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The school board in Norfolk, Va., is studying the possibility of dismantling its busing plan for elementary-school students and returning to neighborhood schools.

Since 1971, when the district came under federal court order to desegregate, children in the 44,000-student system have been bused to maintain racial balance. Busing has continued since 1975, when the federal judge overseeing the case declared the system "unitary."

Fifty-nine percent of Norfolk's public-school students are black, Superintendent Albert L. Ayars said, and every school in the system is at least 30 percent black or 30 percent white.

Although housing patterns in the city have changed considerably in the past decade, enabling several schools to be integrated without long-distance busing, a complete return to neighborhood elementary schools would leave eight to 10 schools racially identifiable, Mr. Ayars said.

"The board has been studying any way to reduce busing, increase parent participation, and improve instruction," Mr. Ayars said.

The administration has not taken a position on the issue, the superintendent added, but is conducting studies at the request of the school board. A committee of the board is expected to develop a proposal next month.

The National Association for the Advancement of Colored People has threatened to sue the board if it does vote to return to neighborhood schools.


Eight high-school students from Tucson, Ariz., who were rescued by a helicopter from a snow-covered mountain early this month have been temporarily suspended from their alternative school for disobeying the teacher who led them on a hike.

According to the teacher, Rosemary Tindall of the Canyon Del Oro Alternative School, the eight students deliberately strayed away from the group of 10 that she was leading on a 14-mile hike up 9,000-foot-high Mount Wrightson at about 9 A.M. on Feb. 2. They were found at 2 A.M. the next day "loaded and smoking pot" but otherwise in good condition, Ms. Tindall said.

More than 50 volunteers from the Civil Air Patrol and other local groups were involved in the search and rescue, according to Ms. Tindall. A local television station's helicopter eventually took the students off the mountainside two by two.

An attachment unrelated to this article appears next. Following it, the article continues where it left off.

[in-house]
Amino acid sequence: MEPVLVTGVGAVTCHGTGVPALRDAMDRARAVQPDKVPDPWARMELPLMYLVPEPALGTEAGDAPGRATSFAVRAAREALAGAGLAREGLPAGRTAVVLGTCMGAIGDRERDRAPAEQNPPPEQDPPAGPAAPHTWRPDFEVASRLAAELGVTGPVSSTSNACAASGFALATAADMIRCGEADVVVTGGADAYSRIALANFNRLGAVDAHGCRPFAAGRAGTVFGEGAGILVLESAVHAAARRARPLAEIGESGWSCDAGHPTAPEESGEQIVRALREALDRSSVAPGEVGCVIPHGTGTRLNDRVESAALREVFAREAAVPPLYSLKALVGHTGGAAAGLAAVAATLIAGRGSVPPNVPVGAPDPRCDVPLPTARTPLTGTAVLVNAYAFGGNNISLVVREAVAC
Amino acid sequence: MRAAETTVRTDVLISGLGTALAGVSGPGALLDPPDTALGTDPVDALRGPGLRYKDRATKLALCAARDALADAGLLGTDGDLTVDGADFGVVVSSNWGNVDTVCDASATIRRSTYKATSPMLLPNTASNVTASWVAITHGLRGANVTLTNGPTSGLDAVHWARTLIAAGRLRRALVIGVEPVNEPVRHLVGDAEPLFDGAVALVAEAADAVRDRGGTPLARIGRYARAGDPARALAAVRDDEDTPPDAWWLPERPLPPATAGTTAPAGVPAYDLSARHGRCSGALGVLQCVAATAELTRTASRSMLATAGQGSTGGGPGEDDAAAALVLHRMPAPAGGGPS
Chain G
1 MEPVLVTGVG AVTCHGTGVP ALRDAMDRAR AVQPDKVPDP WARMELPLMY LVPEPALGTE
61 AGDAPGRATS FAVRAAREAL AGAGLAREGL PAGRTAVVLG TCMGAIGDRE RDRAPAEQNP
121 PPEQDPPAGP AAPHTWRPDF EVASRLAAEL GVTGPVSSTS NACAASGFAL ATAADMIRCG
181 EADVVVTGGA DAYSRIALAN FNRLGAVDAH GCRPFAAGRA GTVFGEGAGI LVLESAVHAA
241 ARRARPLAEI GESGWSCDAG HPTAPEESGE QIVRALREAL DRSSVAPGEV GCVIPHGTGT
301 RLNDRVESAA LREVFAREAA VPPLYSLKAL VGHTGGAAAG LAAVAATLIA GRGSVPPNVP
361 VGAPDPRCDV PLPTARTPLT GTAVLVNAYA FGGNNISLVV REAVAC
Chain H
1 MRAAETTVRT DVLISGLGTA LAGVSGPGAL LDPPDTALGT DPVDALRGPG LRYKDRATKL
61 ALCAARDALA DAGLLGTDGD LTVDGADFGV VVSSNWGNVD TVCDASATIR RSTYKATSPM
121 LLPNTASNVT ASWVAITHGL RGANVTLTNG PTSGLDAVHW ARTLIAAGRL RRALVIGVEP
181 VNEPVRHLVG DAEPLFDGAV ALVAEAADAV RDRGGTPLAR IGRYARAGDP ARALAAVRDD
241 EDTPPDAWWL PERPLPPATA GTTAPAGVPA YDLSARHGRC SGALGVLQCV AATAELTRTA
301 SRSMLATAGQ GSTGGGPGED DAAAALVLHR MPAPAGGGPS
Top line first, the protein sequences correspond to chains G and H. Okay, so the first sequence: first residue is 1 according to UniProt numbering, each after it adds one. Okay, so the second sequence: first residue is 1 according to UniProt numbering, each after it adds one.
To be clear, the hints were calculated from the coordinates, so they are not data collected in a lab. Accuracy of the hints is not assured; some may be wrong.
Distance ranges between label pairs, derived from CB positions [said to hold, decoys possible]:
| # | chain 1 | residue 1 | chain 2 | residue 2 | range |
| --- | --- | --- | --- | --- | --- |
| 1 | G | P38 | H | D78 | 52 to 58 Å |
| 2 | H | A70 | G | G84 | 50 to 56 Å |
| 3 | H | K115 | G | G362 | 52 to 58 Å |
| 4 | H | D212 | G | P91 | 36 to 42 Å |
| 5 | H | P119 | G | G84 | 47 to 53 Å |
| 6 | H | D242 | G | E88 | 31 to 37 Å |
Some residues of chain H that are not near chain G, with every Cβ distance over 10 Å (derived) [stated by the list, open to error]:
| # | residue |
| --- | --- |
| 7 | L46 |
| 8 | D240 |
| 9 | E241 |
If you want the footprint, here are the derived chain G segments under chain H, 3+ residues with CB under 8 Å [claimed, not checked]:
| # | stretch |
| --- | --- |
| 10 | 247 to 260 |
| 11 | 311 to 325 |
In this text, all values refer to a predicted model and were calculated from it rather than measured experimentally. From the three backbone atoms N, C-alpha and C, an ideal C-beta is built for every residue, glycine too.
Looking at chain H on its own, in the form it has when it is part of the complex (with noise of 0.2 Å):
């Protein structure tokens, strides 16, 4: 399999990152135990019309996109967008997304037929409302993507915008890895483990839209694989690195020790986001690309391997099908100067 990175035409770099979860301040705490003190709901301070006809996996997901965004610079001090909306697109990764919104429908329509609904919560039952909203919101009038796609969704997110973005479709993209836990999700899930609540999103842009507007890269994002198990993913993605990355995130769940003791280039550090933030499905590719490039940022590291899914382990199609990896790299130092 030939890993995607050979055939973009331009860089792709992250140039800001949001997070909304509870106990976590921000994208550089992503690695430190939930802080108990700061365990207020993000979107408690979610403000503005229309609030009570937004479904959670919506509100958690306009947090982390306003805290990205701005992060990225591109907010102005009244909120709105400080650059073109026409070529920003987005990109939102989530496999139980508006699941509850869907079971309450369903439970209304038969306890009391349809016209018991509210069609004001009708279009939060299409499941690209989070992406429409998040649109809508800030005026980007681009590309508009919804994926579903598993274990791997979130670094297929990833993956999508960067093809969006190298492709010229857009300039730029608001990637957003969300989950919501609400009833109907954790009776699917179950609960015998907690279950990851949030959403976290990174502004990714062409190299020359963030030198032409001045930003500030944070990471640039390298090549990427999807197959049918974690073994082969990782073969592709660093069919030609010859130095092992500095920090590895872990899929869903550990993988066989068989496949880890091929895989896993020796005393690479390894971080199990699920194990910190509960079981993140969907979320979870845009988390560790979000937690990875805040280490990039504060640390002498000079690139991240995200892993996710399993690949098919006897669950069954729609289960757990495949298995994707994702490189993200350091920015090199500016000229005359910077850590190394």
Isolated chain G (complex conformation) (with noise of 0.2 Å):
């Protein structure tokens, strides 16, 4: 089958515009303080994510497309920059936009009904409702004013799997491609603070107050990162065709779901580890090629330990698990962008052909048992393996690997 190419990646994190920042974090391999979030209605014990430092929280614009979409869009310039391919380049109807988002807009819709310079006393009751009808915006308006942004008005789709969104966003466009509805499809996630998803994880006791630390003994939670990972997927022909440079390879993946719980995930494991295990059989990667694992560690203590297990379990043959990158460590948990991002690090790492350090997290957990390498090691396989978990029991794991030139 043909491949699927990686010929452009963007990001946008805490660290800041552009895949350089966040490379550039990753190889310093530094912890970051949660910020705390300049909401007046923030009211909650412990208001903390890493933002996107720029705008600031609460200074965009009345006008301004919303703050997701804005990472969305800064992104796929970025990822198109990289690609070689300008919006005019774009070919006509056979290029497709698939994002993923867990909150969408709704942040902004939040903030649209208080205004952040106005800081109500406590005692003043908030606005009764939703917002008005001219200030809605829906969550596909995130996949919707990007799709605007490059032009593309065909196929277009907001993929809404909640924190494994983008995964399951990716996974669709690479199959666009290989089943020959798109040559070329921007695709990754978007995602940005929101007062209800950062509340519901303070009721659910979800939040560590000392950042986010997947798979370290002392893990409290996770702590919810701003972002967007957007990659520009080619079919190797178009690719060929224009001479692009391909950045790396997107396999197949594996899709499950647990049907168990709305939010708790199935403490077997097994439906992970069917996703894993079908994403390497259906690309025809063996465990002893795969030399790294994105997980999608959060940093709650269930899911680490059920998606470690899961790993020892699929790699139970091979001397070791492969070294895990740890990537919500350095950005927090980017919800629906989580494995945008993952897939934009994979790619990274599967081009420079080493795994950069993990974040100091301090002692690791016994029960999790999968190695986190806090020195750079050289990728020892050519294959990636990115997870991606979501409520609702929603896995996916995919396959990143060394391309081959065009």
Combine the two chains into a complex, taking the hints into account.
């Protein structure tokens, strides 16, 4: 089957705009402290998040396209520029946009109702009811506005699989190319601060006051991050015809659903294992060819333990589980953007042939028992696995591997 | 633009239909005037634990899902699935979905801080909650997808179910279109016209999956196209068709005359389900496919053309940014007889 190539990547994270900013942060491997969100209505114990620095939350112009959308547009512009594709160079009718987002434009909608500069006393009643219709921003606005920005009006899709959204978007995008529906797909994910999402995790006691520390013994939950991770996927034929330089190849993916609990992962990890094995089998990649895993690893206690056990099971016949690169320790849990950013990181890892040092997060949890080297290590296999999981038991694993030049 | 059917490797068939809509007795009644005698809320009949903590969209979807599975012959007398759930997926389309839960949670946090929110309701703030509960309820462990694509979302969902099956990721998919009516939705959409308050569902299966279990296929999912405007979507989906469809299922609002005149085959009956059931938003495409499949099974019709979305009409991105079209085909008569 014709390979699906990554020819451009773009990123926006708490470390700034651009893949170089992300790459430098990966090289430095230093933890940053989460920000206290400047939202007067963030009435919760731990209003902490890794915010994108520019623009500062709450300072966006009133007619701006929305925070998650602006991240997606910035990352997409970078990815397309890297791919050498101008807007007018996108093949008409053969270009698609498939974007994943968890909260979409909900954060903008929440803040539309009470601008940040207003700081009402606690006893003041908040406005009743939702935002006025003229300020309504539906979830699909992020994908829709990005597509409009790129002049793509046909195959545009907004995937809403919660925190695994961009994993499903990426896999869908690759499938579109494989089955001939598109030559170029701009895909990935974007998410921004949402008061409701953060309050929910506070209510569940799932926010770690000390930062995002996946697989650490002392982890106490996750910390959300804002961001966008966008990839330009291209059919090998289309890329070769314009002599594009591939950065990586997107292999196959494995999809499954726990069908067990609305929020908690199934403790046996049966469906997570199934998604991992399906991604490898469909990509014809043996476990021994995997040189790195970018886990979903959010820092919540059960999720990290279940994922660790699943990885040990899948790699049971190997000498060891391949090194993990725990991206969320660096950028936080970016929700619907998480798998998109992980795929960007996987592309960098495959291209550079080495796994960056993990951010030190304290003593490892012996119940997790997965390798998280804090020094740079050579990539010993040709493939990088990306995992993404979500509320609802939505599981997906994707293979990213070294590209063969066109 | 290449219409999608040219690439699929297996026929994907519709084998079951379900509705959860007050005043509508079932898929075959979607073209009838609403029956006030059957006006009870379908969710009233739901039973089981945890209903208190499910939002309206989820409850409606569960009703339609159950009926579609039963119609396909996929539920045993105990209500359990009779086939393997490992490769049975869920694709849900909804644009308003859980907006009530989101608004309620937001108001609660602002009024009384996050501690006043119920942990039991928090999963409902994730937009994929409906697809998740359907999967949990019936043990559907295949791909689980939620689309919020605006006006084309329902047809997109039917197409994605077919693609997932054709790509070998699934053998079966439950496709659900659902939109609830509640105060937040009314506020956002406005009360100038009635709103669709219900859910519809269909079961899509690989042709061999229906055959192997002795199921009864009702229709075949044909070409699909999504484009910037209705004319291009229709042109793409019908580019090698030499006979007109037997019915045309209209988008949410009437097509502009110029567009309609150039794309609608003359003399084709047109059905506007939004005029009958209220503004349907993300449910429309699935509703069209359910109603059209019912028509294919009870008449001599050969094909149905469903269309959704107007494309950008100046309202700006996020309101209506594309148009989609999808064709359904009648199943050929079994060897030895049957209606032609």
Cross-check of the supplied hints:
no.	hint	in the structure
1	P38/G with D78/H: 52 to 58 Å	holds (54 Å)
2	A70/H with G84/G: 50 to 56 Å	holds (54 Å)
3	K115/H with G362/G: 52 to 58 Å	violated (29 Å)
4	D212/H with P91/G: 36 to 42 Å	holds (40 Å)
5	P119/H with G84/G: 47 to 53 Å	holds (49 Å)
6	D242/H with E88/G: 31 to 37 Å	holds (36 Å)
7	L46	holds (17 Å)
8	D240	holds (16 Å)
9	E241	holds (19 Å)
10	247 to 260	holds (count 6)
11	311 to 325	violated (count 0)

The teacher said that publicity surrounding the incident--most of it negative--has placed the alternative program for about 100 disruptive and troubled Tucson youths "in a bad light, and could raise some serious questions about our funding in the future."


Almost 400 Philadelphia public-school teachers, administrators, and counselors responding to a Temple University survey last spring said that fighting, defacing school property, and failure to complete homework assignments are the most serious behavior problems among their middle-school students.

The educators also said that their three top needs were: a clearly established procedure to follow when attacked by a student; more counseling for disturbed students; and better intercom systems so they can call for help when attacked.

Irwin Hyman, a professor of educational psychology at Temple and director of the National Center for the Study of Corporal Punishment and Alternatives in the Schools, said that the results of the survey were ''not surprising."

"Many teachers don't have training for a violent situation in the classroom," he said. "They don't know how to handle violent students. Likewise, many schools don't have procedures for a teacher to use if he or she is attacked by a student."

Mr. Hyman added that violence in schools "is not just a Philadelphia problem."

"Educators face it in schools all across the country, in the city and in the suburbs," he said.

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